Because Barry Bonds is the best hitter anyone under the age of 35 has ever seen, and a Hall of Fame without the best hitter of his generation is not a true Hall of Fame. Simple as that, sir.

  14. cfw486

    January 03, 2014 11:30 PM

    So Bonds cheated and should be allowed in when Pete Rose only cheated as a manager and is out forever. It seems to me if you cheated you cheated an you shouldn’t be allowed in.

  15. derekcarstairs

    January 04, 2014 05:26 AM

    As the greatest of the dopers in the doper era, for that alone, Bonds deserves a hallowed place in Cooperstown.

    He started out, from ages 21-24, as a better version of his father. Realizing that his early 20s’ performance was somewhat disappointing for a superstar, Bonds began using low-octane PEDs in 1990, and his HOF ride was then in gear. Bonds sparkled in the ’90s, and he was reasonably content professionally until 1998. Having become totally unhinged over the fact that an inferior athlete and juicer like McGwire broke baseball’s most coveted record, Bonds switched to high-octane PEDs in 2001 and then proceeded to set a new HR record and put up four consecutive seasons, from ages 36-39, unparalleled in the annals of baseball from 1876 to this very day (or even in his own physical prime).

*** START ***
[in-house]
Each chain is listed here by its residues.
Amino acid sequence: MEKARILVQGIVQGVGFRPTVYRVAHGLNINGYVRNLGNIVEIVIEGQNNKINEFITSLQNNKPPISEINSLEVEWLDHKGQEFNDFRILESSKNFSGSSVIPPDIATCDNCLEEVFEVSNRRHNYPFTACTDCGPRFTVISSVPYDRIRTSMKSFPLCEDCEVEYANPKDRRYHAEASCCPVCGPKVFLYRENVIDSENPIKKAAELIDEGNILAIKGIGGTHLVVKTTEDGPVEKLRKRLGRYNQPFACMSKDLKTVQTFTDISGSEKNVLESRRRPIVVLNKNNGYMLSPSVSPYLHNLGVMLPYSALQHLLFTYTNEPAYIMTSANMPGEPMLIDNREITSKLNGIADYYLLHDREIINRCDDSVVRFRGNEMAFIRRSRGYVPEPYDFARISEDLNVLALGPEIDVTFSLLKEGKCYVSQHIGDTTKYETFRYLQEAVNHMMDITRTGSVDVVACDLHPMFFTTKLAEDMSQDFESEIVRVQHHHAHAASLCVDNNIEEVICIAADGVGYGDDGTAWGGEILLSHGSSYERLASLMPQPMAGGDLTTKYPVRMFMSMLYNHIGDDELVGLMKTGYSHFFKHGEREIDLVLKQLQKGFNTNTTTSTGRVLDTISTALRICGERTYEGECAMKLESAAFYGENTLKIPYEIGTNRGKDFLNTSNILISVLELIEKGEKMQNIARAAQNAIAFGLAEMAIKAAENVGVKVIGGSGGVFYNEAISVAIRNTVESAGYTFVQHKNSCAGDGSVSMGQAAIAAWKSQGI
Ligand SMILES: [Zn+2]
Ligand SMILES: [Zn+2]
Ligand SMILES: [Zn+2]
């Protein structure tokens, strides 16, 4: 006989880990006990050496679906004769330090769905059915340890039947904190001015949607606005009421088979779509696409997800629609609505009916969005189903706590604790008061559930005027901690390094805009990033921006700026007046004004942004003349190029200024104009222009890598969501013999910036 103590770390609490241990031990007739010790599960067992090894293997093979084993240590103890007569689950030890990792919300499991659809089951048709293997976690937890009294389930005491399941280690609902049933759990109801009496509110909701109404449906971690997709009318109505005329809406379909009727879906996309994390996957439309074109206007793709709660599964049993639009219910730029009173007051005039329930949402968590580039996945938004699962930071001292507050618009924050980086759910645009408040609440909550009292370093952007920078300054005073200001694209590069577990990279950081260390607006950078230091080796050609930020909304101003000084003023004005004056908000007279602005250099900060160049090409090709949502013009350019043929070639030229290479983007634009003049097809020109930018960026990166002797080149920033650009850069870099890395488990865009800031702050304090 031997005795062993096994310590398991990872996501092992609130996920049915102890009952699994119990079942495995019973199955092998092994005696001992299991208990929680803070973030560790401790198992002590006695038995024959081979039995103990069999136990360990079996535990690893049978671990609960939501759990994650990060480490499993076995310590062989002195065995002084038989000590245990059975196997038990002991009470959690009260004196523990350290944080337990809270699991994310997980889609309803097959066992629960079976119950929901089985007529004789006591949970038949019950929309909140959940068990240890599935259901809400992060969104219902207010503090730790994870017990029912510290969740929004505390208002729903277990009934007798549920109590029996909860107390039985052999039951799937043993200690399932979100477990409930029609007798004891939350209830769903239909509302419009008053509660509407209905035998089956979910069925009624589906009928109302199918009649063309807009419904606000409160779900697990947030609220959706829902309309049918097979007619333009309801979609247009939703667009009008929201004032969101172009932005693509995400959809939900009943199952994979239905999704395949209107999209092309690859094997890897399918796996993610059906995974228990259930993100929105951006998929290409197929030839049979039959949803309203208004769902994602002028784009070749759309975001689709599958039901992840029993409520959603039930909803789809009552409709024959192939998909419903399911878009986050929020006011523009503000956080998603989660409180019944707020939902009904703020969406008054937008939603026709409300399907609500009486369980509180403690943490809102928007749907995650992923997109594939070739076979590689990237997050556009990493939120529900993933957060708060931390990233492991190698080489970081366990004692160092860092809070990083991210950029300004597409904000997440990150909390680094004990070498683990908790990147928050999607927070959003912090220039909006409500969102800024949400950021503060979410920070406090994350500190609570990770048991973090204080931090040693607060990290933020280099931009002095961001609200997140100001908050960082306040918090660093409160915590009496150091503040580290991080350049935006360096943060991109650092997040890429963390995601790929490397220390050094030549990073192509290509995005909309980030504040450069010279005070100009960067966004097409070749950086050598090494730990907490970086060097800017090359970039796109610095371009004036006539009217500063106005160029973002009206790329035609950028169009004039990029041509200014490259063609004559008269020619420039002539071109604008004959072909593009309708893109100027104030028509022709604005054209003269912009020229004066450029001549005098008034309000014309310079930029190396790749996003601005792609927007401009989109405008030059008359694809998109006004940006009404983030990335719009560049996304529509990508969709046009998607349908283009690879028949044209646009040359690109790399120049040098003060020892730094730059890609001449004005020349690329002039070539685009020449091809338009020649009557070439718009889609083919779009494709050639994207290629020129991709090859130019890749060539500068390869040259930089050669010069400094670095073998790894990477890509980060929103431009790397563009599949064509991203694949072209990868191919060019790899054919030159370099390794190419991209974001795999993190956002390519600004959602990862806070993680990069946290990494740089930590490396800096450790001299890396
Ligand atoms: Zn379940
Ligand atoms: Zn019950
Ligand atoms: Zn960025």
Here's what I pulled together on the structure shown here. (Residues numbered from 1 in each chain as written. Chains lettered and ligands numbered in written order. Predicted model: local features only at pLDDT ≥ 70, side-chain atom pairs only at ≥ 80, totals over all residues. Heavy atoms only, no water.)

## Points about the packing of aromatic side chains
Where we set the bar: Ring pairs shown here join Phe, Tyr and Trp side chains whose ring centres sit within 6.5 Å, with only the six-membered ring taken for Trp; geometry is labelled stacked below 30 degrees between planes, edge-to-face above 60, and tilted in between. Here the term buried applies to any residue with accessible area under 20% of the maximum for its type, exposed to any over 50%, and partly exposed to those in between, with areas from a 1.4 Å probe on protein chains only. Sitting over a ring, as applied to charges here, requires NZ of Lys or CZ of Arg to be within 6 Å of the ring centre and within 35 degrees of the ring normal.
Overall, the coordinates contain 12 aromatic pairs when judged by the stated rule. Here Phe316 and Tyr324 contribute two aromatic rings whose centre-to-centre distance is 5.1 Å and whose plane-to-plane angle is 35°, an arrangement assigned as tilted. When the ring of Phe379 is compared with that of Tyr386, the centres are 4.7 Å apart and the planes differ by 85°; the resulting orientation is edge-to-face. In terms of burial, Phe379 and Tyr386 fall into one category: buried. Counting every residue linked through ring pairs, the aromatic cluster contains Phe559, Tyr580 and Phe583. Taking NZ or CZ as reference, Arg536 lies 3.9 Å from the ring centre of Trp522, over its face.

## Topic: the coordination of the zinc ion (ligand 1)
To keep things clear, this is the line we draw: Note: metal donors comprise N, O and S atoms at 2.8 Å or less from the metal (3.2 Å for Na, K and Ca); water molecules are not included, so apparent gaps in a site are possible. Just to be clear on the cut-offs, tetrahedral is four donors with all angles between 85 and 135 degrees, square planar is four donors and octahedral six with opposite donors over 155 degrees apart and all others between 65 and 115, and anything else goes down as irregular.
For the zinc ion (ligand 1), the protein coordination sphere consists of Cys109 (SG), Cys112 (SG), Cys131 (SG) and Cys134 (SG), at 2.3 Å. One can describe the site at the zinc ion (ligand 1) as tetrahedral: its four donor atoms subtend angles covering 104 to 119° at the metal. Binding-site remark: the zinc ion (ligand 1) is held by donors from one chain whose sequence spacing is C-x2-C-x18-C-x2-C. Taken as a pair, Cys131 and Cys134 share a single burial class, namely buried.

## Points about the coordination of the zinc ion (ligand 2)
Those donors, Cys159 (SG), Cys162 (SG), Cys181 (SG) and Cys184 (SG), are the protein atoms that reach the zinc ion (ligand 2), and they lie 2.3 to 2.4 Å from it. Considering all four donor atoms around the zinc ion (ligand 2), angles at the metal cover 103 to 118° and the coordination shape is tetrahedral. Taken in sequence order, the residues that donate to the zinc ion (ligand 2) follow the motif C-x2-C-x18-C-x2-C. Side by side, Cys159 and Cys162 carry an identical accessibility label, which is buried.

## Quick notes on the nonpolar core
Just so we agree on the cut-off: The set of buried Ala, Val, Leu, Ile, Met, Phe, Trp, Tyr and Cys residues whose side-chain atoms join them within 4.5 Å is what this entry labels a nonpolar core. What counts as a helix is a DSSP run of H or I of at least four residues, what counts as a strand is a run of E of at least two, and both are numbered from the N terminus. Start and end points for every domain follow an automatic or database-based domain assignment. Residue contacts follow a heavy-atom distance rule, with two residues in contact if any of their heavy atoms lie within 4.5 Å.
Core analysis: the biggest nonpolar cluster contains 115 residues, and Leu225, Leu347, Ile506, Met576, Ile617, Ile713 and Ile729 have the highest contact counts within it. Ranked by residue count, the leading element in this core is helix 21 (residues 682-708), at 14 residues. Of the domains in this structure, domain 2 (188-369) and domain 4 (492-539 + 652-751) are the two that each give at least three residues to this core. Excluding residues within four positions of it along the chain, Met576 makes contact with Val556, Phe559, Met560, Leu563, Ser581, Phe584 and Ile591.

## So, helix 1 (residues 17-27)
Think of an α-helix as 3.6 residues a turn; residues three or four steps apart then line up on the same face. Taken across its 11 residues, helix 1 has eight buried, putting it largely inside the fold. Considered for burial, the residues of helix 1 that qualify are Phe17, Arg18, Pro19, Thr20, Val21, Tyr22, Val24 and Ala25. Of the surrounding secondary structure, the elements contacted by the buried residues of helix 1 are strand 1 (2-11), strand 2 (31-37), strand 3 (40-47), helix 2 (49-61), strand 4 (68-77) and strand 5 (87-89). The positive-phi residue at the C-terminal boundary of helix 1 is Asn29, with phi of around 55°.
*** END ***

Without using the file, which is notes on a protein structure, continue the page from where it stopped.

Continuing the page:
Does Barry Bonds deserve to be in the HOF? Why not?

    (Even the most cynical must admit one thing about Bonds: from his first day in the majors, the guy always knew how to take a walk.)

  16. Larry

    January 04, 2014 05:19 PM

    @EricL

    “Because Barry Bonds is the best hitter anyone under the age of 35 has ever seen, and a Hall of Fame without the best hitter of his generation is not a true Hall of Fame. Simple as that, sir.”

    Would you say that if Bonds never cheated vs Albert Pujols?

    Let’s be realistic, Bonds probably never hits 40 Hrs in a season without steroids. Meanwhile Pujols was doing that for many years consistently with an above .330 average when he was a Cardinal.

  17. Mark66

    January 04, 2014 06:20 PM

    I’m getting tired of people making excuses for Bonds and Clemons. If you are going to fight for them then you better let Pete Rose and Shoeless Joe Jackson in also.

  18. Major Malfunction

    January 04, 2014 07:06 PM

    Walks like a duck, sounds like a duck, act like a duck. A 40+ year old duck with a size 14 head. The debate over HoF allowing past relics who played against “inferior” opponents is one thing, but blatant cheating is easier seen.

    Bonds never gets in, period.

  19. MattWinks

    January 04, 2014 07:34 PM

    Blatant Cheaters include Mike Schmidt and Willie Mays (and everyone of their error) – amphetamines

    Where do you draw the line, either remove everyone who took any sort of performance enhancing drug or let people in. To this point we have no measure of how PEDs like steroids effect stats and to make judgement about their effect is just misguided.

    If you want to use the character clause, please remove Ty Cobb right now because he is one of the most despicable human beings of all time.

    For the record I think Rose deserves to be in the Hall, it is likely the ban will be lifted after he dies and he will easily be inducted.

  20. Major Malfunction

    January 05, 2014 11:32 AM